Blast Furnace No. 2
The last of three massive blast furnaces that were once at the foundation of the Port of Sagunto economy.
Sagunto is an ancient and historic town just north of Valencia in Spain. It’s home to many Roman ruins and scores of medieval architecture. However, the port area is distinctly more modern.
In 1903, a narrow gauge railway line was constructed from the Sierra Menara iron ore mines near Teruel to Sagunto port. It was the longest private company-owned railway line in Europe. During its latter years of operation, internal shunting around the port was done with locomotives obtained, second hand, from the Alcoi-Gandia Railway.
Initially, the ore was sent to the port for export, until a then Basque owned company, Altos Hornos de Viscaya, installed large smelting facilities at the port. It was used to export pig iron. The development also included a “garden city” to house workers using a British style planning layout, but with houses designed in the Basque chalet style.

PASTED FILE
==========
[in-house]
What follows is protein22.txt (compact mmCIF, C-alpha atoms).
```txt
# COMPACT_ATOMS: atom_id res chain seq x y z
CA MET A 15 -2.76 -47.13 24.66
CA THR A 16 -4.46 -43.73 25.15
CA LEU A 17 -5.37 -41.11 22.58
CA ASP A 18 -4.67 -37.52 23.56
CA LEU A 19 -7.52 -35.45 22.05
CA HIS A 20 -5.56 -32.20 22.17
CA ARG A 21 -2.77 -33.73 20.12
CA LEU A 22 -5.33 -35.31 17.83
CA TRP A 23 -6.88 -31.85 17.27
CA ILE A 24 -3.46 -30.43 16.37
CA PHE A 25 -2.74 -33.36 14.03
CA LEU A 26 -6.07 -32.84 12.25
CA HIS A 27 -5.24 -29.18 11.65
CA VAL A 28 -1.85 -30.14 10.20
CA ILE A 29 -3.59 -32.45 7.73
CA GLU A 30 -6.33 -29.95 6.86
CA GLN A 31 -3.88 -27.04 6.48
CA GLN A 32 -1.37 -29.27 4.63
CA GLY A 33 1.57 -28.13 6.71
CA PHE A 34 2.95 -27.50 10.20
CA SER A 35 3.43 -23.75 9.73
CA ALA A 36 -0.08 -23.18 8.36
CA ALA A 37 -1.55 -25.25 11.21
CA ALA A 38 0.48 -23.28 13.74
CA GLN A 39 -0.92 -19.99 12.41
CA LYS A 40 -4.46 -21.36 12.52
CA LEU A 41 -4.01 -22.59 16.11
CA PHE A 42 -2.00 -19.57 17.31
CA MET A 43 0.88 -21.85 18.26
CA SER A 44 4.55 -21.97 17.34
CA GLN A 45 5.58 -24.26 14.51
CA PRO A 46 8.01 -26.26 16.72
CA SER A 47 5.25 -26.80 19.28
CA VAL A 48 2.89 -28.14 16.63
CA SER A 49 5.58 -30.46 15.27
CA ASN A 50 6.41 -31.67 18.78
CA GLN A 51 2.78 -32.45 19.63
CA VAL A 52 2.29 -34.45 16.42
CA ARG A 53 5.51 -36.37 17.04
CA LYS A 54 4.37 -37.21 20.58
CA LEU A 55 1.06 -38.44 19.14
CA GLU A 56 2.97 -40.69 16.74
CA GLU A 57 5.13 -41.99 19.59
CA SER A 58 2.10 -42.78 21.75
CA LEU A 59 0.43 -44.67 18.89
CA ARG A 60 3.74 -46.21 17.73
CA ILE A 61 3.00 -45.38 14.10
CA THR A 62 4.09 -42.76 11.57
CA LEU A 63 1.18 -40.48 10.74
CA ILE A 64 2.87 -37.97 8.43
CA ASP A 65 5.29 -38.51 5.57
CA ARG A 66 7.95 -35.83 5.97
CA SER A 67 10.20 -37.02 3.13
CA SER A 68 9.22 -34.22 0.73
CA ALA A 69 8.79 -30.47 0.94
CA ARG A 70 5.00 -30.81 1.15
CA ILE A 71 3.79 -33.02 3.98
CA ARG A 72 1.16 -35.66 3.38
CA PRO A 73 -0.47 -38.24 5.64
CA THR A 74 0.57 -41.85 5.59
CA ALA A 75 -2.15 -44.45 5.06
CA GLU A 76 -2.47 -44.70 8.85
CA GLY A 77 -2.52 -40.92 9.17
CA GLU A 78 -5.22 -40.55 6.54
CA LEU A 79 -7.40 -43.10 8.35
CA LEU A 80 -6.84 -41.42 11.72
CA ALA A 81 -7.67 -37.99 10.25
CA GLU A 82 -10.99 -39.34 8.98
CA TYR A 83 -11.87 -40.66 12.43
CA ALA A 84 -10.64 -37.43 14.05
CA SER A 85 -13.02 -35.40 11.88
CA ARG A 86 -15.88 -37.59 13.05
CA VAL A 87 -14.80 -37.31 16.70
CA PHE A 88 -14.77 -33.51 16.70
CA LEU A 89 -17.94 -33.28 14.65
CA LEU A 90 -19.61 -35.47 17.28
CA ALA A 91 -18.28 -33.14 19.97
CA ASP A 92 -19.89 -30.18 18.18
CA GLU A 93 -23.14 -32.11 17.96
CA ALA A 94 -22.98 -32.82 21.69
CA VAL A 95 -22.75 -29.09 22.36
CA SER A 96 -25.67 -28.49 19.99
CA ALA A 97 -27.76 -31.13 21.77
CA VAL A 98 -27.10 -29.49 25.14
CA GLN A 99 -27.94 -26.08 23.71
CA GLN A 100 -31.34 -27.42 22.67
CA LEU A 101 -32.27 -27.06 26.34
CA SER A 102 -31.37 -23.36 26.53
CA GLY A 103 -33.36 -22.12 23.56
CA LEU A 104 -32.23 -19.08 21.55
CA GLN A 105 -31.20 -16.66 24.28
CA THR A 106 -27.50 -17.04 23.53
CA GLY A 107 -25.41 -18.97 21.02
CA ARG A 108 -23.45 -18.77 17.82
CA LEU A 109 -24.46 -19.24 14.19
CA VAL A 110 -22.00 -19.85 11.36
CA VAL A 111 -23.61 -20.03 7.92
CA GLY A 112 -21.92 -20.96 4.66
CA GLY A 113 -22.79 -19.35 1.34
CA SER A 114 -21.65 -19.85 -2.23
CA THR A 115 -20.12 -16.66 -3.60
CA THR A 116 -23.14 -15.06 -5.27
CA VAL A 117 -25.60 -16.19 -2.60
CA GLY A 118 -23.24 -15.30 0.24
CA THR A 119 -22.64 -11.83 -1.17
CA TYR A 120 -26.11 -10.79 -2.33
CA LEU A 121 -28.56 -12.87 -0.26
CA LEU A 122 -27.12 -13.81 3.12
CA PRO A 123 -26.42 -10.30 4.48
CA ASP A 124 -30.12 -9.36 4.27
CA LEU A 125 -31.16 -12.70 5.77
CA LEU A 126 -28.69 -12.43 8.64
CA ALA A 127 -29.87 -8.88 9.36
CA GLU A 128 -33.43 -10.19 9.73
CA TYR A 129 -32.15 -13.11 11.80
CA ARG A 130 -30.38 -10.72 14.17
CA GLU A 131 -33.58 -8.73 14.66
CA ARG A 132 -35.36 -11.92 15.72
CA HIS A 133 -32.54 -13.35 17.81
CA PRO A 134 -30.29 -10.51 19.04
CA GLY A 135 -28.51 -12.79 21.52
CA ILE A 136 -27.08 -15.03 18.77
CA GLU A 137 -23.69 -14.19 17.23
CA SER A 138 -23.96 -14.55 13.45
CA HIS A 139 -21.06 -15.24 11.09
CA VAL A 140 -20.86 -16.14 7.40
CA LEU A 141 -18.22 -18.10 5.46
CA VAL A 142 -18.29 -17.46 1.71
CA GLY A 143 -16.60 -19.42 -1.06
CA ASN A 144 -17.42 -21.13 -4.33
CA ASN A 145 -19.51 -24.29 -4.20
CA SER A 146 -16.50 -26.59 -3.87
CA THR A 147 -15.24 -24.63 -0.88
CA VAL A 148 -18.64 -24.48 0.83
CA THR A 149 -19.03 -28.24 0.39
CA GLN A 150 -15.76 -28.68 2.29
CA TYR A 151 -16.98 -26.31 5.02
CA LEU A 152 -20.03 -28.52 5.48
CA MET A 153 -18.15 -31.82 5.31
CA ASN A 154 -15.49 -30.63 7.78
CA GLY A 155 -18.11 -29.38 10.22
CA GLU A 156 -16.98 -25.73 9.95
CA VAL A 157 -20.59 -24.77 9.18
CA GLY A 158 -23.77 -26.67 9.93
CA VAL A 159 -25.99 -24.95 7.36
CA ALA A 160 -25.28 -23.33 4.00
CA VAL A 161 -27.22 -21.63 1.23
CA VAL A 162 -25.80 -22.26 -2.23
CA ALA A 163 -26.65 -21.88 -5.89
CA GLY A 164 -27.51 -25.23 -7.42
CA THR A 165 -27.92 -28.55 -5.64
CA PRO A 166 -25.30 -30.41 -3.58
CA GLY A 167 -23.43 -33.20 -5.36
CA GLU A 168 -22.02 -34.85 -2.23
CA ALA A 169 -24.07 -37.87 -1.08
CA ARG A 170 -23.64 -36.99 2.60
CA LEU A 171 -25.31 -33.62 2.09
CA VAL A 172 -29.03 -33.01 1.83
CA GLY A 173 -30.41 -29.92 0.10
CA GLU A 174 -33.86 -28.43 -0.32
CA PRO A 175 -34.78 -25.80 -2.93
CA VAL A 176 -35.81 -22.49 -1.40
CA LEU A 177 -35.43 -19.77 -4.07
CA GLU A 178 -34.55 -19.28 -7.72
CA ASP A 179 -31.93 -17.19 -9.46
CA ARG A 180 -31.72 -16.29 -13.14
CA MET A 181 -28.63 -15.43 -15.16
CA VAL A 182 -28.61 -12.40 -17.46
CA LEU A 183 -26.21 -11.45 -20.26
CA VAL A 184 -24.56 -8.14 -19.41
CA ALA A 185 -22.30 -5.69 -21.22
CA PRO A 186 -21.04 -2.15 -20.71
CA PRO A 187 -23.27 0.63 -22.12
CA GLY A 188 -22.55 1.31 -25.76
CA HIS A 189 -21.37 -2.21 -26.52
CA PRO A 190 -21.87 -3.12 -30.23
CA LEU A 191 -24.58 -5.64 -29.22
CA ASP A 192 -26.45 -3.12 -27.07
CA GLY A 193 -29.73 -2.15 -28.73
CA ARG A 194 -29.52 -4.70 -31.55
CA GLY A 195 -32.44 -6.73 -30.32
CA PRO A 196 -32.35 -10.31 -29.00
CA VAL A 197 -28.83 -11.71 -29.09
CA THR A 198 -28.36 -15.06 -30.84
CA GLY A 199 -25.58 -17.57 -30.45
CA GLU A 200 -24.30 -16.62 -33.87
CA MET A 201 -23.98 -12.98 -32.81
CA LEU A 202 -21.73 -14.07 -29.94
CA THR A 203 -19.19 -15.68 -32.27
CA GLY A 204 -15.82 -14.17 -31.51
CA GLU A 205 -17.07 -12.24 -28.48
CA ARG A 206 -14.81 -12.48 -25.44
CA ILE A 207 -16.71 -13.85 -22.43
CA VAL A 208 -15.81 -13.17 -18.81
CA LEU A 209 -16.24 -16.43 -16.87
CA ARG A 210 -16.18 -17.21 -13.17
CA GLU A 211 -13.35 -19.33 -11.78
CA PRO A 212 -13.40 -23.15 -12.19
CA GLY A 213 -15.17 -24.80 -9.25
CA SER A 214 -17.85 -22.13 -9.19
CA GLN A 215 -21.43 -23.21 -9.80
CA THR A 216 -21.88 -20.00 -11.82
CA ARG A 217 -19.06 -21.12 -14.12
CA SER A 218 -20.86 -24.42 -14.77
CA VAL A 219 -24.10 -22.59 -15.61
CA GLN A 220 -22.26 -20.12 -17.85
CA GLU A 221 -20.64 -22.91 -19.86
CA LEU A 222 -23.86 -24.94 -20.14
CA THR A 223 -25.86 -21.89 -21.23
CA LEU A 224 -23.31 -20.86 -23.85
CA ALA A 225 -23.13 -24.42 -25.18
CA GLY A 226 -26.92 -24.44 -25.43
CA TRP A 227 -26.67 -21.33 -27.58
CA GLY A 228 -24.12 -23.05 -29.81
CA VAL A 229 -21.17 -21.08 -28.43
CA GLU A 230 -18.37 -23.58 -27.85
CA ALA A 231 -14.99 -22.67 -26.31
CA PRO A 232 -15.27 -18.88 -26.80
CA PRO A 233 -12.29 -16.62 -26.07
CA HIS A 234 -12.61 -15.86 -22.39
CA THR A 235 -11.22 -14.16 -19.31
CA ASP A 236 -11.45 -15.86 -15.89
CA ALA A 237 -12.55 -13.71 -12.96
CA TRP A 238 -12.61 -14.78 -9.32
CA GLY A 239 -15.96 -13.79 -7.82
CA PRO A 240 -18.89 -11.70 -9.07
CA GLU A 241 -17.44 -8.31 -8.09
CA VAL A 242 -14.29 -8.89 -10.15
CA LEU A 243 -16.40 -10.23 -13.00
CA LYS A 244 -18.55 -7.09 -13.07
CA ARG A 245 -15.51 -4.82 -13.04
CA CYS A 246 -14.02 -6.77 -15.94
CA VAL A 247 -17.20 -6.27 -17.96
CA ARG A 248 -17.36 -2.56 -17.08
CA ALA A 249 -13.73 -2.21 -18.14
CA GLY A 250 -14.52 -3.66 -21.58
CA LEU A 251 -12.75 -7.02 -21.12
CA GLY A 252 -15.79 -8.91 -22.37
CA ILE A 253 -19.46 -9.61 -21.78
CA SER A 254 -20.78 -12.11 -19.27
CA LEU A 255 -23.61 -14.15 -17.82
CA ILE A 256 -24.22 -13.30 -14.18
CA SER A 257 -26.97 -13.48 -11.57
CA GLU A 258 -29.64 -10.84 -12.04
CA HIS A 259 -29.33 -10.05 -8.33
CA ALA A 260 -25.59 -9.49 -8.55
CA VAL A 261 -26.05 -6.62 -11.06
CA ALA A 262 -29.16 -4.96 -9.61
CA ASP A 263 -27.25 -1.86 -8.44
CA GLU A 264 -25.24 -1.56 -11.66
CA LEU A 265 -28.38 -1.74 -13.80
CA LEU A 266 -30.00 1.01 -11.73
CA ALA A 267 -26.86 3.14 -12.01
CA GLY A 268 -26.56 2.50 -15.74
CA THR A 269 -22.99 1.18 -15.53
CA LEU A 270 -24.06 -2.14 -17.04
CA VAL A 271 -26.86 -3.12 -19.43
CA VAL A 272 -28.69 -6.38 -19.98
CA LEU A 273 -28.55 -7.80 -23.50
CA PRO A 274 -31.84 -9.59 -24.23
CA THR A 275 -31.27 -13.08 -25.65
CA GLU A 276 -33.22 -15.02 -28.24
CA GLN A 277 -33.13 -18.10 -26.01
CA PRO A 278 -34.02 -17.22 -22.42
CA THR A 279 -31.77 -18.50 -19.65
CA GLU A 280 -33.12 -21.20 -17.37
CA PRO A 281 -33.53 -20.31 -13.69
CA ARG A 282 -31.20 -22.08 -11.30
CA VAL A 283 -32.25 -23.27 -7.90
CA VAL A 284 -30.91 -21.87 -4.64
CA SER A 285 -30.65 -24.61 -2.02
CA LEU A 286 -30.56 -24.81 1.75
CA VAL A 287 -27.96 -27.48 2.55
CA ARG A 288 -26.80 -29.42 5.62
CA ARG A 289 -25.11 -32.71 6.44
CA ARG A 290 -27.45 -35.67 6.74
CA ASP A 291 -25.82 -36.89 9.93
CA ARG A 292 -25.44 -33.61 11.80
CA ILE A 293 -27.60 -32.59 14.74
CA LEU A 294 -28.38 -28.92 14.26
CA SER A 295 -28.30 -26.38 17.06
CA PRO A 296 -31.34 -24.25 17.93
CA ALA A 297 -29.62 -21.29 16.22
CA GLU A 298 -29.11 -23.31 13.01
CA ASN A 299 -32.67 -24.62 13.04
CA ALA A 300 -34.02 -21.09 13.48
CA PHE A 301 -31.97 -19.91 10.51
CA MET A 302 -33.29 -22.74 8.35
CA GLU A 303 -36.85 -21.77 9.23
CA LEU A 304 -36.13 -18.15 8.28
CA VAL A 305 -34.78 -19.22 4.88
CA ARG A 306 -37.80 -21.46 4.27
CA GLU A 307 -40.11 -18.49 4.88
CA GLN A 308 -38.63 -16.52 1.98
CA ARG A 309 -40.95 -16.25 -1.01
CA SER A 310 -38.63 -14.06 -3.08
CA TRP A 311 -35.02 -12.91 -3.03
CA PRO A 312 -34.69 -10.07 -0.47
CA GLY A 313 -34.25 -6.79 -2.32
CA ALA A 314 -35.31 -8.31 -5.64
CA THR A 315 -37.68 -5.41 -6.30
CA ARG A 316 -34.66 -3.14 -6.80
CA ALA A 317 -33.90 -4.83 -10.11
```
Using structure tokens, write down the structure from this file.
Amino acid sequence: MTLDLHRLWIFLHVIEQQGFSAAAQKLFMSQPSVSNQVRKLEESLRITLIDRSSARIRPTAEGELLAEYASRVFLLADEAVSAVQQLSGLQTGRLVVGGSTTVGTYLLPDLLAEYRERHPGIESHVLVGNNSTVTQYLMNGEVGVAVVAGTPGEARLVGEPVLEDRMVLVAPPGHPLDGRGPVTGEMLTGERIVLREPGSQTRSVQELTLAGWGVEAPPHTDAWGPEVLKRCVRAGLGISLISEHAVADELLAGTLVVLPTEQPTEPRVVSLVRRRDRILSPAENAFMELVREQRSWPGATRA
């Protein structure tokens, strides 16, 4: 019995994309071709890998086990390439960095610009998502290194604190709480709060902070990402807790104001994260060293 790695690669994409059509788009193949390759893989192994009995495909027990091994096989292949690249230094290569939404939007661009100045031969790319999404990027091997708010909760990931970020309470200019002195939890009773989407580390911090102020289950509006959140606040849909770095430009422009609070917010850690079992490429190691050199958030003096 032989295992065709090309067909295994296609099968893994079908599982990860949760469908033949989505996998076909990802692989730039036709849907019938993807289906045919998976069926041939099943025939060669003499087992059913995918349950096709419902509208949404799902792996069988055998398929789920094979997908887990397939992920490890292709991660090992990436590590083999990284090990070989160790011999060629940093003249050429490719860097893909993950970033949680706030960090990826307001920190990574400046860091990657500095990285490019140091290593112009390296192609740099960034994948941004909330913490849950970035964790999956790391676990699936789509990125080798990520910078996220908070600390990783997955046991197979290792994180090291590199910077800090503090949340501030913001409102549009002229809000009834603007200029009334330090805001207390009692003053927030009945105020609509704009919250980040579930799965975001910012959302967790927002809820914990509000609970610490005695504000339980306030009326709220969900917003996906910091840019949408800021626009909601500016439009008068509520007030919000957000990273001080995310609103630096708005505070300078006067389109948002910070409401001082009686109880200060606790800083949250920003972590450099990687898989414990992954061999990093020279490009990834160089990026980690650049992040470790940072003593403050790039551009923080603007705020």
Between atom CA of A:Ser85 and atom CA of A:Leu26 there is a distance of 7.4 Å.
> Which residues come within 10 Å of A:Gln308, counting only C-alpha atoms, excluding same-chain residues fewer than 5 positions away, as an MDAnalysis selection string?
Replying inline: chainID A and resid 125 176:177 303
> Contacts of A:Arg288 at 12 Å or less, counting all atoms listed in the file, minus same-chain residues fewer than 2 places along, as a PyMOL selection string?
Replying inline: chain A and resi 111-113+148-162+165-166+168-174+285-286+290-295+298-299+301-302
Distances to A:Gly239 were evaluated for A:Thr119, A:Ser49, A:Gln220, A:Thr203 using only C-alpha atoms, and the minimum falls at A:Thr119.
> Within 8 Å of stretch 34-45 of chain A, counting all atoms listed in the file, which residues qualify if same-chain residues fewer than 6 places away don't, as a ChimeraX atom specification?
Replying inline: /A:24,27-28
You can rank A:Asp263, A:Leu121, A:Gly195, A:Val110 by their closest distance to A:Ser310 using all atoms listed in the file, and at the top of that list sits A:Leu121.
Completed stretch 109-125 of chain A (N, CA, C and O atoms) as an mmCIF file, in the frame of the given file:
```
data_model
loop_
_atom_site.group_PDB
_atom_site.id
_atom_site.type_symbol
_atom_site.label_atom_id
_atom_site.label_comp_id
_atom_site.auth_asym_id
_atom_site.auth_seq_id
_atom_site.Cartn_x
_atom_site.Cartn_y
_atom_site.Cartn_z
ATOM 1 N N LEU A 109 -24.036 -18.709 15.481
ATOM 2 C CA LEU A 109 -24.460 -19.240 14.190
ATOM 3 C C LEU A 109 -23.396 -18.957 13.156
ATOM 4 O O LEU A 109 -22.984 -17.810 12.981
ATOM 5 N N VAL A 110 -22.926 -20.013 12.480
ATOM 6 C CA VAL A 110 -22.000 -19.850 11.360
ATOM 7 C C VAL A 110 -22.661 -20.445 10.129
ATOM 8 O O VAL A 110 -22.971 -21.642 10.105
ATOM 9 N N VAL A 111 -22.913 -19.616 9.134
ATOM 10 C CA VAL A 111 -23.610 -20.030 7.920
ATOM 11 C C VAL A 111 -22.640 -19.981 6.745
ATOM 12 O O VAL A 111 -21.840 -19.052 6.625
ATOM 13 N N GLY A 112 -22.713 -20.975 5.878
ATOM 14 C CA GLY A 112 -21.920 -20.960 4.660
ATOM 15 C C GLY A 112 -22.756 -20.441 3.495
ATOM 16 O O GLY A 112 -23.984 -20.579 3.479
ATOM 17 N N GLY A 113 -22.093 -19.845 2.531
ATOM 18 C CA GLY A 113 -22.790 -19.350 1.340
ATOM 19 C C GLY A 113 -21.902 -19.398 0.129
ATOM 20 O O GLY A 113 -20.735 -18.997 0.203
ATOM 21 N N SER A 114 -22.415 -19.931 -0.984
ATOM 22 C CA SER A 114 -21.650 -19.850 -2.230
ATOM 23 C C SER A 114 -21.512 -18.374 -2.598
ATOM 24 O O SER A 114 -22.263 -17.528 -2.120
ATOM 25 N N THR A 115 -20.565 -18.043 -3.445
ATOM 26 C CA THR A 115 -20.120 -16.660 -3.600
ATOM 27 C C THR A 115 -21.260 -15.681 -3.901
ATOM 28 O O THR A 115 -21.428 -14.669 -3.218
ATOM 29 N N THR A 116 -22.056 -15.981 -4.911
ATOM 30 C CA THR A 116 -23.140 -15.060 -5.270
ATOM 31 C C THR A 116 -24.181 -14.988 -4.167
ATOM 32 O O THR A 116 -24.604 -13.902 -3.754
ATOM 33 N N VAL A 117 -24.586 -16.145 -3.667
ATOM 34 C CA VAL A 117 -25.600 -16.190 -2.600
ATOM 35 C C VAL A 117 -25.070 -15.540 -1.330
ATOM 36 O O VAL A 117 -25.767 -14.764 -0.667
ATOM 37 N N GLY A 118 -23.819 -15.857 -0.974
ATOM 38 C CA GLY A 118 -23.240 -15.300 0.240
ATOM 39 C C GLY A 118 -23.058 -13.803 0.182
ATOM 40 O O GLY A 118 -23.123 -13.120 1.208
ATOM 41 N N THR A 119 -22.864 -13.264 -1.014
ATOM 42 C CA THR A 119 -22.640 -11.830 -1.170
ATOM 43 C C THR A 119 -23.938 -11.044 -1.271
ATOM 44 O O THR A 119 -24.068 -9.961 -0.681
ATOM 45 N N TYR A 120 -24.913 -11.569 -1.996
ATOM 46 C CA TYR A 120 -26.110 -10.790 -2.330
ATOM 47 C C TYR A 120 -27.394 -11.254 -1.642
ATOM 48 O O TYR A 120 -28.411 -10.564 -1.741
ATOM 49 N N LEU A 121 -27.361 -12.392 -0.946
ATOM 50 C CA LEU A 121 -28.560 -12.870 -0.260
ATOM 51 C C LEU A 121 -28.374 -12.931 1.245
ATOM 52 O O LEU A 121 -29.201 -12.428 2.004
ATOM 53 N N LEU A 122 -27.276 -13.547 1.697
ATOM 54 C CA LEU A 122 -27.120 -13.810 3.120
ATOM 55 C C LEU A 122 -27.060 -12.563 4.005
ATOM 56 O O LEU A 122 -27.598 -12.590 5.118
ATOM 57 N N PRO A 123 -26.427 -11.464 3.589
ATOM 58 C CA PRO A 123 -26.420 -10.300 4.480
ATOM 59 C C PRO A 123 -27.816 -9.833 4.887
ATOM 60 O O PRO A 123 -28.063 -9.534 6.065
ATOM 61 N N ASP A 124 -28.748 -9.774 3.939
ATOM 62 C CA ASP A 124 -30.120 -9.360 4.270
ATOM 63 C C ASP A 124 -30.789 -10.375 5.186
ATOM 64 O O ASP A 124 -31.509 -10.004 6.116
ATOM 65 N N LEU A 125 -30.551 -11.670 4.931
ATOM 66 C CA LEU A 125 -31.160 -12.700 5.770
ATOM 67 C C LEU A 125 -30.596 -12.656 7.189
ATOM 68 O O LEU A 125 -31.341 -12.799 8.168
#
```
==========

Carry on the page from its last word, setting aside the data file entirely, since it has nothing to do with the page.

During the 20th century, the port area of Sagunto was dominated by the iron smelting industry. However, when the final three massive furnaces finally extinguished their fires, one of them was converted to a massive tourist attraction.
It’s 209 feet (64 meters) tall with an interior lined with refractory bricks. It was originally constructed in 1922, and was reconstructed in 1960. Following the mid-1970s recession, it was forced to shut down in 1984. The furnace has since been restored and made safe for visitors. The structure is particularly impressive when illuminated at night. In 2012, the furnace won a European Union prize for cultural heritage.
Know Before You Go
Parking for motorcycles is quite close, but for a car, it's probably best to use the parking lot near Sagunto beach just northeast of the harbor.
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